That's right, it's a set that is comprised entirely of relics (plus a few autographs) - not a single base card in the entire set! According to Baseballcardpedia, the entire set runs 154 cards deep and the original two-card packs sold for $30 each. Ouch!
My box was opened as part of a group break so I was simply hoping to pull a Barry Larkin relic - something I only learned about after looking at the base card relic checklist! Unfortunately (spoiler alert), my box yielded ZERO Reds which means no Barry Larkin card for me. The entire checklist is below:
The pack wrapper features Gary Sheffield which is sort of an odd choice given all the true superstars in the set but hey, it wasn't my call.
I'm sure the odds are nearly impossible to read on that pack wrapper scan so here is what you can hope to find:
- Base Relic:
- Group A: 1:7
- Group B: 1:5
- Group C: 1:5
- Group D: 1:7
- Group E: 1:2
- Copper Parallel: 1:4
- Black Parallel: 1:16
- Red Parallel: 1:399
- Frozen Ropes Relic: 1:26
- Career Legends Relic: 1:46
- Power Pieces Relic: 1:62
- Double Play Relic: 1:165
- Heart of the Line-Up Relic: 1:52
- Patch Place Relic: 1:50
- All-Star Appeal Bases Relic: 1:36
- All-Star Appeal Baseball Relic: 1:237
- All-Star Appeal On-Deck Circle Relic: 1:26
- All-Star Appeal Baseball Relic Autograph: 1:510
- All-Star Appeal Bases Relic Autograph: 1:308
- All-Star Appeal On-Deck Circle Relic Autograph: Group A: 1:363, Group B: 1:192, Group C: 1:146, Group D: 1:67
That's a lot of cool stuff - including a few autographs as possibilities! Unfortunately, our box did not include any of the super rare stuff...nor any autographs. What we did get though was 15 of the 20 relics being part of the base relic group. Unfortunately, I could not find which players belonged to which group (A-E) for the base relics...though if I had to guess I would say the retired stars belong to the rarer groups (either A or D).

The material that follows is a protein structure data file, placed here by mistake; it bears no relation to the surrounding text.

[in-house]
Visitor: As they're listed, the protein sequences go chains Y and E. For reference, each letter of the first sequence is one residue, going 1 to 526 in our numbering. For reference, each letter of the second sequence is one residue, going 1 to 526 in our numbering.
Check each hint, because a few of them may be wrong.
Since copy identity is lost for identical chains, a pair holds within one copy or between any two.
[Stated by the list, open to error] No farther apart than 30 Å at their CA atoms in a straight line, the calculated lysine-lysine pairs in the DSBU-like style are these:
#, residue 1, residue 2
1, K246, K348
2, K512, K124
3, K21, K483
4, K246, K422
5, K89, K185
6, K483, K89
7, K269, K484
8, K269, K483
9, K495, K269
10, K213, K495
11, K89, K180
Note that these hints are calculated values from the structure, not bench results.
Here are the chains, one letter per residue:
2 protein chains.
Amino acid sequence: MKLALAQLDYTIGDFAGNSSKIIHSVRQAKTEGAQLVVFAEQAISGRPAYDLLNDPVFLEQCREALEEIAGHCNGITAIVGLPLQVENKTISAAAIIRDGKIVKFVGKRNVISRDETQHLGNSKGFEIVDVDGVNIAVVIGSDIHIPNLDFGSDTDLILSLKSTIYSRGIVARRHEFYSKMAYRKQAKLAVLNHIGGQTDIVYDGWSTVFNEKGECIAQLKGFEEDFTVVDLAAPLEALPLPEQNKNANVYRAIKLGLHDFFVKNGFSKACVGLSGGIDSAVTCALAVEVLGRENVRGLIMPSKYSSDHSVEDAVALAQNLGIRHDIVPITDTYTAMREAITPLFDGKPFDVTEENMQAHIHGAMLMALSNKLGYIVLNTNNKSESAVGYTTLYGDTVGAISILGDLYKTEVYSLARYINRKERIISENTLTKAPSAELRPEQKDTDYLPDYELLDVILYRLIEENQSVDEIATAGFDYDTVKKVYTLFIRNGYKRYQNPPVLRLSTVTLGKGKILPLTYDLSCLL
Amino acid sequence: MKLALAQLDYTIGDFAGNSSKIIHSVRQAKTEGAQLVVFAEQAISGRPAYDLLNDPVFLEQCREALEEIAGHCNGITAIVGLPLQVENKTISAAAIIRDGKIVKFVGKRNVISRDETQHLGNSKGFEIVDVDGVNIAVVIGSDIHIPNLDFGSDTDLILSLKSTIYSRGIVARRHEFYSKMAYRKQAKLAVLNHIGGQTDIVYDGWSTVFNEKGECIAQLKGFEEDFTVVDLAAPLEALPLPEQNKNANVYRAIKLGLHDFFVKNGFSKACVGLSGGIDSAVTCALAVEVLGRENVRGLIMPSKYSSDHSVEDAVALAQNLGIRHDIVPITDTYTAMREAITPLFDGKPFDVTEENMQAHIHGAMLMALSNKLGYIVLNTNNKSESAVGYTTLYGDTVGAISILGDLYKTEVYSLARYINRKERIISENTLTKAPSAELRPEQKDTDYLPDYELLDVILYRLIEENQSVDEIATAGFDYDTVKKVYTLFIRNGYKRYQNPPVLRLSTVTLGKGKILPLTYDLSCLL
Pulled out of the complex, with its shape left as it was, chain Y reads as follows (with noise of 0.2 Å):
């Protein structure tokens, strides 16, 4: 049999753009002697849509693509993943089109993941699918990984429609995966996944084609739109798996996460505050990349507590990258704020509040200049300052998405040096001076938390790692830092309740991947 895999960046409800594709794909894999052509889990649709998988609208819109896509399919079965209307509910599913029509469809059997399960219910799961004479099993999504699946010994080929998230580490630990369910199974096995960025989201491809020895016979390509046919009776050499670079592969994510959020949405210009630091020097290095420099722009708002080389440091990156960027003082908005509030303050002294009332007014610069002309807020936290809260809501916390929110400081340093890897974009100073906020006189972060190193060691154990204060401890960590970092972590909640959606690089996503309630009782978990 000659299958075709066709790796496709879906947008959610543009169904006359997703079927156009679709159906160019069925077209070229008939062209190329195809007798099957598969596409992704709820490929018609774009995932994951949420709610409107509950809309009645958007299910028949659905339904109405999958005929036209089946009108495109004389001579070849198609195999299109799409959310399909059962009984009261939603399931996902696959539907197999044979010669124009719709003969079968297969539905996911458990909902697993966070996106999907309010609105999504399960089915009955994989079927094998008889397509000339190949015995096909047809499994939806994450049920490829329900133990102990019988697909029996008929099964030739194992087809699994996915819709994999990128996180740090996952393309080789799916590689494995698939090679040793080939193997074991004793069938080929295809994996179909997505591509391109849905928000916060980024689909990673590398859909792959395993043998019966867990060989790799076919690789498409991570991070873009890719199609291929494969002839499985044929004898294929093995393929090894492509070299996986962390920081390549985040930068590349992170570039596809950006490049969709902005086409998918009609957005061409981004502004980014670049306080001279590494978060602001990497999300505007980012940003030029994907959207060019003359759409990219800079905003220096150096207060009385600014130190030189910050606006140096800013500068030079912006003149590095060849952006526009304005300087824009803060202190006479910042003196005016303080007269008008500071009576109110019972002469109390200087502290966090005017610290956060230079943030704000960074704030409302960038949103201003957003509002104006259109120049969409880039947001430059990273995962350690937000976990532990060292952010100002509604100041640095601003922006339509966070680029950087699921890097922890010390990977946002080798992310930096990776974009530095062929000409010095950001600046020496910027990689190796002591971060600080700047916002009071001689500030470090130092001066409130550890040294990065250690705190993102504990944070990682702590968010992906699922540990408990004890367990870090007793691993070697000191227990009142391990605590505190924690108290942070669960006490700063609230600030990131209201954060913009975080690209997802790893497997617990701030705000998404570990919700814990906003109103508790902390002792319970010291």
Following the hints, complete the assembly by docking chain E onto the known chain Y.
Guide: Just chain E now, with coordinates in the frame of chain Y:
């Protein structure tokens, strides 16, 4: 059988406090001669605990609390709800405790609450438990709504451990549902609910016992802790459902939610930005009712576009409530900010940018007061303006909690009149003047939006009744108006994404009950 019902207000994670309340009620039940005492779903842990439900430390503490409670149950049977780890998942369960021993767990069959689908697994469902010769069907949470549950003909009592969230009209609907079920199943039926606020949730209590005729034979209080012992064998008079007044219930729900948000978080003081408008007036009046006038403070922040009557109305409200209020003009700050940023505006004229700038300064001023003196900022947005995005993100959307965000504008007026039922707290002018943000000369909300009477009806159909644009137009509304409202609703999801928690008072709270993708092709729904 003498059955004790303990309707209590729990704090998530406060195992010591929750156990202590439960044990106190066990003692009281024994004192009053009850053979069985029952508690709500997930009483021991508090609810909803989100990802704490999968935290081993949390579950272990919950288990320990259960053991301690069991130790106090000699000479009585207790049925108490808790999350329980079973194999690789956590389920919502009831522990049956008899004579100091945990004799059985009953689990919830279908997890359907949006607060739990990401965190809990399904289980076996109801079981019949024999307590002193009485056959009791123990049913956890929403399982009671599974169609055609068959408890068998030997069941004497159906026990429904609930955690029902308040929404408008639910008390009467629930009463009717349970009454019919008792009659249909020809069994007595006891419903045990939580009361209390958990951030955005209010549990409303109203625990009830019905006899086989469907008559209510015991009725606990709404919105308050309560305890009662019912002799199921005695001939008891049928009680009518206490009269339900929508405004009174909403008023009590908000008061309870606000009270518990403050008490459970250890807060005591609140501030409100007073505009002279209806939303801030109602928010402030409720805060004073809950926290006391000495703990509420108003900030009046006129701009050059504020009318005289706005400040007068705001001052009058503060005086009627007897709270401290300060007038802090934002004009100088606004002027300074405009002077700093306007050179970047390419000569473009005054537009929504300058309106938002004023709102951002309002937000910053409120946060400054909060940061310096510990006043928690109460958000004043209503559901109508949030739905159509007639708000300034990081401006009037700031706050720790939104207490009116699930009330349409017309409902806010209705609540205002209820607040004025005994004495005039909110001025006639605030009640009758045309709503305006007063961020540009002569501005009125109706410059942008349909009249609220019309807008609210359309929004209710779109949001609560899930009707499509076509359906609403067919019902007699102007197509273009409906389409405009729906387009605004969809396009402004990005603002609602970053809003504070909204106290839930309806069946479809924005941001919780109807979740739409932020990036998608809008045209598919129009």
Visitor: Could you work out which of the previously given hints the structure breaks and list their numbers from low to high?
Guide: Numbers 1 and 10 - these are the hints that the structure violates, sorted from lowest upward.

As I said, 15 of our 20 hits were of the basic version, though not all base relics are quite created equal. For instance, the Abreau from above featured a pinstripe while the Reyes, Sweeney, and Pudge cards all featured something other than white or grey. The back of the hitter cards all look exactly like the Chen card while the pitcher cards have an image of a pitcher rather than a batter but otherwise also look identical.
From the "standard" cloth relics to the "standard" bat relics - this time our group of names is much, MUCH better! I like all of these cards quite a bit - especially the Cey, Yount, and even the Gwynn!
While the bat cards were certainly nice, the best two base relics of the box are the next two cards...
Yeah, that's a Nolan Ryan relic plus a Yogi Berra (as a Met) relic. Good stuff for sure! The Ryan relic is plain white but the Yogi relic is a rather interesting blue/white material. It almost looks like faded denim - strange...and definitely unique! For my money, I think these were my two favorite cards out of the entire box!